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Title: Cariprazine  
Author: World Heritage Encyclopedia
Language: English
Subject: Antipsychotic, Dopamine receptor D2, List of dopaminergic drugs, Gevotroline, Sarizotan
Publisher: World Heritage Encyclopedia


Systematic (IUPAC) name
N​ '-[trans-4-[2-[4-(2,3-dichlorophenyl)-1-piperazinyl]ethyl]cyclohexyl]-N,N-dimethylurea
Clinical data
Legal status
  • Investigational
Routes Oral
Pharmacokinetic data
Bioavailability High
Metabolism Hepatic via CYP3A4 & to a lesser extent, CYP2D6
Half-life 2-5 days (2-3 wks for active metabolite, desmethylcariprazine)
CAS number
ATC code ?
ChemSpider  YesY
Chemical data
Formula C21H32Cl2N4O 
Mol. mass 427.411 g/mol
Mechanism of cariprazine action as antagonist or agonist.

Cariprazine (RGH-188) is an antipsychotic drug under development by Gedeon Richter. It acts as a D2 and D3 receptor partial agonist, with high selectivity towards the D3 receptor.[1] Positive Phase III study results were published for schizophrenia and mania early 2012, while Phase II studies in bipolar disorder I, and for bipolar depression are in progress.[2] Action on the dopaminergic systems makes it also potentially useful as an add-on therapy in major depressive disorder [3]

Forest Laboratories obtained a license on development (from the Richter - Hungary) and exclusive commercial rights in the US in 2004.

Medical uses

Cariprazine is currently in clinical trials for schizophrenia and bipolar disorder. It has also been investigated as a potential adjunct in treatment-resistant major depressive disorder.[4]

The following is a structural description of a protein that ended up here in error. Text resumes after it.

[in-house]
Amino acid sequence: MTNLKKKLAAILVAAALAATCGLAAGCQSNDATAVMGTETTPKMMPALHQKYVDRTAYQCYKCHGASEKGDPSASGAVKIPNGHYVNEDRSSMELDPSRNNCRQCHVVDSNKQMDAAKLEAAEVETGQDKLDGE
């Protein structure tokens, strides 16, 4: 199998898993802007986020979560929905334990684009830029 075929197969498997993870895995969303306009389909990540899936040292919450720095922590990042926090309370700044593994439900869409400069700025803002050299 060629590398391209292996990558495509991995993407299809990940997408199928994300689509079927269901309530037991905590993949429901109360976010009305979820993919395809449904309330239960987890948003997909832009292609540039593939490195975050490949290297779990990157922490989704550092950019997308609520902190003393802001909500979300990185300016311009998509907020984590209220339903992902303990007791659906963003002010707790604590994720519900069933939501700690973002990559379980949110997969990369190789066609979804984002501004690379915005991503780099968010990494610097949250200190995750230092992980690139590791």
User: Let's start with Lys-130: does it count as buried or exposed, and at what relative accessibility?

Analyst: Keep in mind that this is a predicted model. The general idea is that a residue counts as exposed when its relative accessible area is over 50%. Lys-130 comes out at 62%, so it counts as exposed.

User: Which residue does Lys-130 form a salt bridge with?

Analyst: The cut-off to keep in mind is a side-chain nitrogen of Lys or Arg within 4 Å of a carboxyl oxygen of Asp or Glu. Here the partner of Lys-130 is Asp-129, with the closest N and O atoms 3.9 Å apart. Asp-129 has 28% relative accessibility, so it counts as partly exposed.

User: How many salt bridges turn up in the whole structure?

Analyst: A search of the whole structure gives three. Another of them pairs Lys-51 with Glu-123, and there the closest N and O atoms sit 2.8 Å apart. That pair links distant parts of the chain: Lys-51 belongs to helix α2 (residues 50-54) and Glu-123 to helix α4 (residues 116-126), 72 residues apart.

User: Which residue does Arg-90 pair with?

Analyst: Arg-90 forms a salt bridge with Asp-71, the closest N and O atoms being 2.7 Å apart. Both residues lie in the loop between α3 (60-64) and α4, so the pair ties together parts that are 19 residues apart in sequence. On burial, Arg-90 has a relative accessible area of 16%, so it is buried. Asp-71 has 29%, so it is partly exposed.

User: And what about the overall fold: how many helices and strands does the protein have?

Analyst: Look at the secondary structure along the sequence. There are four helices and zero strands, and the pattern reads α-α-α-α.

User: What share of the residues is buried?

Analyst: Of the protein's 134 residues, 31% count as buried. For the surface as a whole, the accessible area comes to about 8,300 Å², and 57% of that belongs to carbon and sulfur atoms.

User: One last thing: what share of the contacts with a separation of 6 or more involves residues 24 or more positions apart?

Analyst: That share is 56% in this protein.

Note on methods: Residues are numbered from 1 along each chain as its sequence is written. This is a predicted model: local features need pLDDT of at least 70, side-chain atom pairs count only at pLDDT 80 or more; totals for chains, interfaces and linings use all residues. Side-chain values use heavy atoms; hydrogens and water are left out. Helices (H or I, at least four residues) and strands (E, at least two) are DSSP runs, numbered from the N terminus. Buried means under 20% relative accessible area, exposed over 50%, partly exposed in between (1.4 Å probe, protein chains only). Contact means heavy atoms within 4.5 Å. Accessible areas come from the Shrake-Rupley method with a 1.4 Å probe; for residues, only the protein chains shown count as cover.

Side effects

The most prevalent side effects for cariprazine include akathisia, insomnia, and weight gain. In Phase III trial for schizophrenia, 66.7 % of patients experienced these side effects, as well as other issues such as metabolic problems, extrapyramidal side effects (EPSE), and sedation. This suggests that cariprazine might not make it past Phase III testing for schizophrenia because its tolerability is lower than those of its competitors.[5] Other medications cause many motor defects and EPSE, which are major problems for patients who did not have motor issues before taking the medicine.[6] These motor issues are due to the fact that dopamine acts on the motor pathway as well as the reward pathway, and many antipsychotics stimulate dopamine pathway, causing excessive motor movement as well as the intended effects.

These side effects are considerably lower in the Phase III trials for bipolar disorder I (for unknown reasons).[5]